For many patients with spinal cord injuries and other incurable maladies, Dr. Hongyun Huang has been the great hope.
Hundreds of patients from across the United States and around the world have flocked to his Beijing surgery practice, where Huang implants cells with what he says are amazing healing powers. Huang’s fees can reach into the tens of thousands of dollars, but, he has said, these cells can help patients who cannot be helped with any other modern medicine. Patients have come forward to say that Huang has helped them, inspiring stories in American and British newspapers about a Chinese doctor who has maybe, just maybe, stumbled upon a modern scientific miracle.
Now a team of doctors has finished the first independent, scientifically rigorous assessment of Huang’s work. The results, published in the journal Neurorehabilitation and Neural Repair, are not just disappointing, they are disturbing, say scientists who have read the paper.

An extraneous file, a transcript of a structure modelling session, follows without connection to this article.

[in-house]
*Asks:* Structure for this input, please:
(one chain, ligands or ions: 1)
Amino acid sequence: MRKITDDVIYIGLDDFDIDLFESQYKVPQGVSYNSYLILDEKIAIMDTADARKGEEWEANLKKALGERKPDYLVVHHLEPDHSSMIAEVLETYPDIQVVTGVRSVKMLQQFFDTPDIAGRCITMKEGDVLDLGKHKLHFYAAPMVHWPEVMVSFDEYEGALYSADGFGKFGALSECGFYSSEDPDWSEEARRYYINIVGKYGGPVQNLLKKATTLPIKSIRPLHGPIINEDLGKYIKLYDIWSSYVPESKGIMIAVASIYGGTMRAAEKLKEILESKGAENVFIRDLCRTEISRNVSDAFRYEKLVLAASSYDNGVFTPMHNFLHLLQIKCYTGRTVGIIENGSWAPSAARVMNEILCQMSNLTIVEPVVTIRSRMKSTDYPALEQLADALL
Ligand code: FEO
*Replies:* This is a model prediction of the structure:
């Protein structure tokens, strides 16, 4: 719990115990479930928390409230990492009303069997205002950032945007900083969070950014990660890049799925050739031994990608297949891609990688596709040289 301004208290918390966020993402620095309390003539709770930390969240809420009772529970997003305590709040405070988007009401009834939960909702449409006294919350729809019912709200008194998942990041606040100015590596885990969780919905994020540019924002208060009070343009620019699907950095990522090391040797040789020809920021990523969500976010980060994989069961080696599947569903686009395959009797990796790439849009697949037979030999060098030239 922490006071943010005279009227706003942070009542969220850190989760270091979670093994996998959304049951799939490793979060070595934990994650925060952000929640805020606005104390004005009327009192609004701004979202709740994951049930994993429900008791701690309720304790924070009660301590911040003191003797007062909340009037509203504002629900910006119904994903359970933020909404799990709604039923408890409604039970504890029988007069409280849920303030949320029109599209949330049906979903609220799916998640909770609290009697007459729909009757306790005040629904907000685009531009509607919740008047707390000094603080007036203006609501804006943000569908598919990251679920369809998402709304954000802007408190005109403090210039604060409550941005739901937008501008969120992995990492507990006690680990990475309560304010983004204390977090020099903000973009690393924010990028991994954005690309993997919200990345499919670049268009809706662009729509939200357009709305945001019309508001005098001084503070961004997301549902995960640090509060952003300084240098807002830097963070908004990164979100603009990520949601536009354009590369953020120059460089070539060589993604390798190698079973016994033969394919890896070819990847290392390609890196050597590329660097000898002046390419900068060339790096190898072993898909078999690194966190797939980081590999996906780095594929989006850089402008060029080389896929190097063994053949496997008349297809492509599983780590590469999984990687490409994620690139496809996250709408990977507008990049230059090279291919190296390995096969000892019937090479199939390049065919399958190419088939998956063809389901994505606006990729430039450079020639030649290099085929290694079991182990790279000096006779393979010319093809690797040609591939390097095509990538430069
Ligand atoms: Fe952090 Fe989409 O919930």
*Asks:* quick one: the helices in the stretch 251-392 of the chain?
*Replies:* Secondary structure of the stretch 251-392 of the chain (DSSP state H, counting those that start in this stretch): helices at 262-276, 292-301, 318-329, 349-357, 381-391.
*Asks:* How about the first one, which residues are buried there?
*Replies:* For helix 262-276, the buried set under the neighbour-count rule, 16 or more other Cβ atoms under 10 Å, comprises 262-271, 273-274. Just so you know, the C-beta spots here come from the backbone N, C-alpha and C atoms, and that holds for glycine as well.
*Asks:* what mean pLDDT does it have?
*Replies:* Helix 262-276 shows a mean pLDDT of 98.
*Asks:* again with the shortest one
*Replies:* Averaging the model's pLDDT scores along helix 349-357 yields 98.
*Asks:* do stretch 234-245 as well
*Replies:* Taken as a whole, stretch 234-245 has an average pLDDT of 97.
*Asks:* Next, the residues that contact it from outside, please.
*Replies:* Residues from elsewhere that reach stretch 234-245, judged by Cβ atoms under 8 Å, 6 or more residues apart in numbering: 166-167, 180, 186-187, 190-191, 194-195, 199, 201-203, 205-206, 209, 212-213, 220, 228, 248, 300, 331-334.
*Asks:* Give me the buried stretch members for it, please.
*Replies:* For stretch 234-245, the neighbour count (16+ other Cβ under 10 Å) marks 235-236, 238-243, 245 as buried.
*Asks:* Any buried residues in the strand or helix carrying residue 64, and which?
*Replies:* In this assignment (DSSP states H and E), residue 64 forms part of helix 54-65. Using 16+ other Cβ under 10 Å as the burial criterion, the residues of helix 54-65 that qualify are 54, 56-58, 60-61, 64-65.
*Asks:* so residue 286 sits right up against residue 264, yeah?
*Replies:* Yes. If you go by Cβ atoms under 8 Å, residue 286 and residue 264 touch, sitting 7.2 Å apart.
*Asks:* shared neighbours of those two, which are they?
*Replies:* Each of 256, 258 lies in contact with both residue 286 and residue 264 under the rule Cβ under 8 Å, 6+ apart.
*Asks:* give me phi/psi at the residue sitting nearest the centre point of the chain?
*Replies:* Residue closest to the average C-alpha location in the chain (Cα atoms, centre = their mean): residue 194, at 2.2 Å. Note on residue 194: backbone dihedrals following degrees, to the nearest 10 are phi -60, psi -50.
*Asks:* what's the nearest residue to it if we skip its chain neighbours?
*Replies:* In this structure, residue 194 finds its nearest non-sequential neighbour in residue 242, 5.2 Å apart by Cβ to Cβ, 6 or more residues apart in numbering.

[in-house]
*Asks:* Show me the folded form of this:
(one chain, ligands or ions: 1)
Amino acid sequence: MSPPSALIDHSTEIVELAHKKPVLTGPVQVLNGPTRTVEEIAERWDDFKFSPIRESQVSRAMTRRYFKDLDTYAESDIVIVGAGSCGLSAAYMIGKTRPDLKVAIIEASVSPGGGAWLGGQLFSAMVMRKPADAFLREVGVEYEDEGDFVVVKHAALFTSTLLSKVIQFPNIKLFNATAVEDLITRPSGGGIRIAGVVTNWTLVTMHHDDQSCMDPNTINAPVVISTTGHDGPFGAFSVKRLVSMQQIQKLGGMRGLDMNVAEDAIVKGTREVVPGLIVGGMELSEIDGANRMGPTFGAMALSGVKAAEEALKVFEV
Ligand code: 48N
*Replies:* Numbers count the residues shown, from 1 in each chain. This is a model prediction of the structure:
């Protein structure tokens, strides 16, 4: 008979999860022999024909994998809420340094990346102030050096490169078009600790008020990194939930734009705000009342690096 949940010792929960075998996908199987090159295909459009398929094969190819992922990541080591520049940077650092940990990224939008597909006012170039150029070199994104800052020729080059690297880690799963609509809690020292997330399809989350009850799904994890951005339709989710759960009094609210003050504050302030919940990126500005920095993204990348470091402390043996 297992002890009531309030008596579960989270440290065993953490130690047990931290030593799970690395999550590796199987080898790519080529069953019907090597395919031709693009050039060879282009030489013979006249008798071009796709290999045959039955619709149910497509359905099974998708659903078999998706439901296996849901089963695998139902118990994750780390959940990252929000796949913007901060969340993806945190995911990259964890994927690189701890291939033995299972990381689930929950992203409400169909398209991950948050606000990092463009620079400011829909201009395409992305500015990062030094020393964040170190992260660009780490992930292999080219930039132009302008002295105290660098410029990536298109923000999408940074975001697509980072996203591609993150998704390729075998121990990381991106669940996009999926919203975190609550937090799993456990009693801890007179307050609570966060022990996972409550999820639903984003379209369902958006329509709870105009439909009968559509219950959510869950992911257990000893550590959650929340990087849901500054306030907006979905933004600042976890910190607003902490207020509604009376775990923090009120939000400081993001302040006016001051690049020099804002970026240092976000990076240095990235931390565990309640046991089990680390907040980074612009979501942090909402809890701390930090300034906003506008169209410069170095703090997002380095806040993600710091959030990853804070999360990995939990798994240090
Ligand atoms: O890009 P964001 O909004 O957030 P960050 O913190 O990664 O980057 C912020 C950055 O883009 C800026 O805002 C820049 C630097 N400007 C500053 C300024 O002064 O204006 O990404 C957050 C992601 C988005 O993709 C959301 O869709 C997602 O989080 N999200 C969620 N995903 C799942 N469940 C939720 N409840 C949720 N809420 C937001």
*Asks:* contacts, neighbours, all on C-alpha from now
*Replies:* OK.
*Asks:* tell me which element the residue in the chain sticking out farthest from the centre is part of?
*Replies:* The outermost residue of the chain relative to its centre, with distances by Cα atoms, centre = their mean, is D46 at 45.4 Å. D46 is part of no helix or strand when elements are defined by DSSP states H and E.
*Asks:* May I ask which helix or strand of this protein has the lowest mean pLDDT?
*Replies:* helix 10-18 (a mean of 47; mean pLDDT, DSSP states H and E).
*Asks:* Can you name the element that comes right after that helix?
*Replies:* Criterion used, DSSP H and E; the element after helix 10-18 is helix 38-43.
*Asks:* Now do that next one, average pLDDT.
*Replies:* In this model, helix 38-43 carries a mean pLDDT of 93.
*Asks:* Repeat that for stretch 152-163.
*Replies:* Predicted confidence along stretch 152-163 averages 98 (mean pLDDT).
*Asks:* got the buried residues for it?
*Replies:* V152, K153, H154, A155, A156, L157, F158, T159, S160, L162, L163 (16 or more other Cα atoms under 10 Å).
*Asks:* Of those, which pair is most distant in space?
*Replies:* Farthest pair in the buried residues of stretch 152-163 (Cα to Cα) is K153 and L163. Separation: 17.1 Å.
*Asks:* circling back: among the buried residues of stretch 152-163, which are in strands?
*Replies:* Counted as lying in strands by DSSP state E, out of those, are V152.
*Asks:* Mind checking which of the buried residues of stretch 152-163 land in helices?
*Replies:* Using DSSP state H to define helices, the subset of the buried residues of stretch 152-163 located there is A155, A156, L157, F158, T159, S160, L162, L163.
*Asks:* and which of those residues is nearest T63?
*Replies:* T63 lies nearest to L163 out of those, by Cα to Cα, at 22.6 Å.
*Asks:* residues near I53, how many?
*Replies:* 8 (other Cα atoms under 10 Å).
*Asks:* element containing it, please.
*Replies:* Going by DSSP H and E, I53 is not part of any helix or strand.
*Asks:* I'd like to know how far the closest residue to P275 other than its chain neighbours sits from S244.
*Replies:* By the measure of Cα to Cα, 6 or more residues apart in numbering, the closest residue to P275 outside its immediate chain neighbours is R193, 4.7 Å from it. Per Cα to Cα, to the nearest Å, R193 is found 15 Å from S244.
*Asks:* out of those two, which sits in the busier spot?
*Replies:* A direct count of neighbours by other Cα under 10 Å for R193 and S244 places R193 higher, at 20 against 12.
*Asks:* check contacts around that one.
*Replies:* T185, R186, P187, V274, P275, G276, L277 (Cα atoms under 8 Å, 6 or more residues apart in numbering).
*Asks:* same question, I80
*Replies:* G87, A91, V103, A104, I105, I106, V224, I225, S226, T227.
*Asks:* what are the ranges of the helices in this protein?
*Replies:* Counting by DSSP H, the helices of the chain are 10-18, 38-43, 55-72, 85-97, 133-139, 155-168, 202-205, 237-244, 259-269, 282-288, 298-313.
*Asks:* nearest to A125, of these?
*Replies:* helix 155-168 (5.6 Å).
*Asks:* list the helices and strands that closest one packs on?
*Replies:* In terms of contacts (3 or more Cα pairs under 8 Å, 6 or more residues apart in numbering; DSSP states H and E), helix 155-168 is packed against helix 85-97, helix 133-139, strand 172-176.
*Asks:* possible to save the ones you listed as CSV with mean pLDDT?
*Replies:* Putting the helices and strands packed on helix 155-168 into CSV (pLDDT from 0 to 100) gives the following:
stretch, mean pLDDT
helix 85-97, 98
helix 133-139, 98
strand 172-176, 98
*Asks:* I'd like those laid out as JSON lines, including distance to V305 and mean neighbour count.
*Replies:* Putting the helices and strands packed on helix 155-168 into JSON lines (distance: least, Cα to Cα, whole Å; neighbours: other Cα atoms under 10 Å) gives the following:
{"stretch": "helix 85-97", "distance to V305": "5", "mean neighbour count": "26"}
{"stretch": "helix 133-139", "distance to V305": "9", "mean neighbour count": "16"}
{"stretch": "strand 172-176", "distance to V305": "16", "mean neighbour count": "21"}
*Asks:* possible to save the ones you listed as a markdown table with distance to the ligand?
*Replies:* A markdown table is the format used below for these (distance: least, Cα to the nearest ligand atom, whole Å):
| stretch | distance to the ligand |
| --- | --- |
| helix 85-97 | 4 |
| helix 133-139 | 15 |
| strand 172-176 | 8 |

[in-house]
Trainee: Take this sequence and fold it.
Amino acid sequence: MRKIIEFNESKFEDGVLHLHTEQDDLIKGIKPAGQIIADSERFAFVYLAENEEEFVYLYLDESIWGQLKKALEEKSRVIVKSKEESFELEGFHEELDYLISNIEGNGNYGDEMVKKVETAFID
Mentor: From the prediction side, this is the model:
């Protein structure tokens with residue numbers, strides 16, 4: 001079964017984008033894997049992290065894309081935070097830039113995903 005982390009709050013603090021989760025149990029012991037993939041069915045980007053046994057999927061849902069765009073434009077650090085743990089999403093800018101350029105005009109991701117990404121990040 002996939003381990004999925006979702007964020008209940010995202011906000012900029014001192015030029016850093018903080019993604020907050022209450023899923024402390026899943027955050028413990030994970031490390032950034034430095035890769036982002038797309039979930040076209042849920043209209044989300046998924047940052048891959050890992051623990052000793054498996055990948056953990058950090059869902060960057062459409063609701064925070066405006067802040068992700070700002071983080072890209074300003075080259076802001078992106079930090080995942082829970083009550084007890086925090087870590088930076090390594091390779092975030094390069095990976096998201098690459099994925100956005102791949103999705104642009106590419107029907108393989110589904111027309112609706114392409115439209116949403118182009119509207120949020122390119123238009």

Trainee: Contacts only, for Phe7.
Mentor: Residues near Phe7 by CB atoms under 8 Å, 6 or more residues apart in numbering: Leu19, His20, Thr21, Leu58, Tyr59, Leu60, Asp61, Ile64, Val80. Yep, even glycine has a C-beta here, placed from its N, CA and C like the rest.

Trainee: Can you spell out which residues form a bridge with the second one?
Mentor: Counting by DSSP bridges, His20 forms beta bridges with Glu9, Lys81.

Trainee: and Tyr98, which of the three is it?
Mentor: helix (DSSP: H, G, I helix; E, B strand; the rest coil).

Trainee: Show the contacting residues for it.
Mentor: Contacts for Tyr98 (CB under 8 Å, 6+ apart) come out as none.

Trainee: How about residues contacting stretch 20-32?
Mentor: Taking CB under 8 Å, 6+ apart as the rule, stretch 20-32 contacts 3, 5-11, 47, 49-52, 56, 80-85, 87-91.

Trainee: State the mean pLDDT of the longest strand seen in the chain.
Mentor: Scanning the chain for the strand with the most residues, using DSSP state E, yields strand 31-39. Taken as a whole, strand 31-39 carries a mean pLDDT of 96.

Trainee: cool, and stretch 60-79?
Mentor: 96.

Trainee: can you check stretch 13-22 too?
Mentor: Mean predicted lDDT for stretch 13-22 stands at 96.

Of seven spinal cord injury patients the doctors followed, none experienced significant improvements, and five suffered potentially dangerous complications. One man who went to Beijing with damage to his spinal cord returned with holes drilled in his head — apparently Huang had placed cells in the man’s brain, not his spinal cord.
“This is extremely damning of Dr. Huang’s work,” said Dr. Kevin C. O’Connor , medical director of the spinal cord injury program at the Spaulding Rehabilitation Hospital, who was not involved in the study. “It is pretty scary stuff.”
In an e-mail exchange, Huang refused to answer direct questions, but he accused the study’s three authors, all leading spinal injury doctors, of being liars.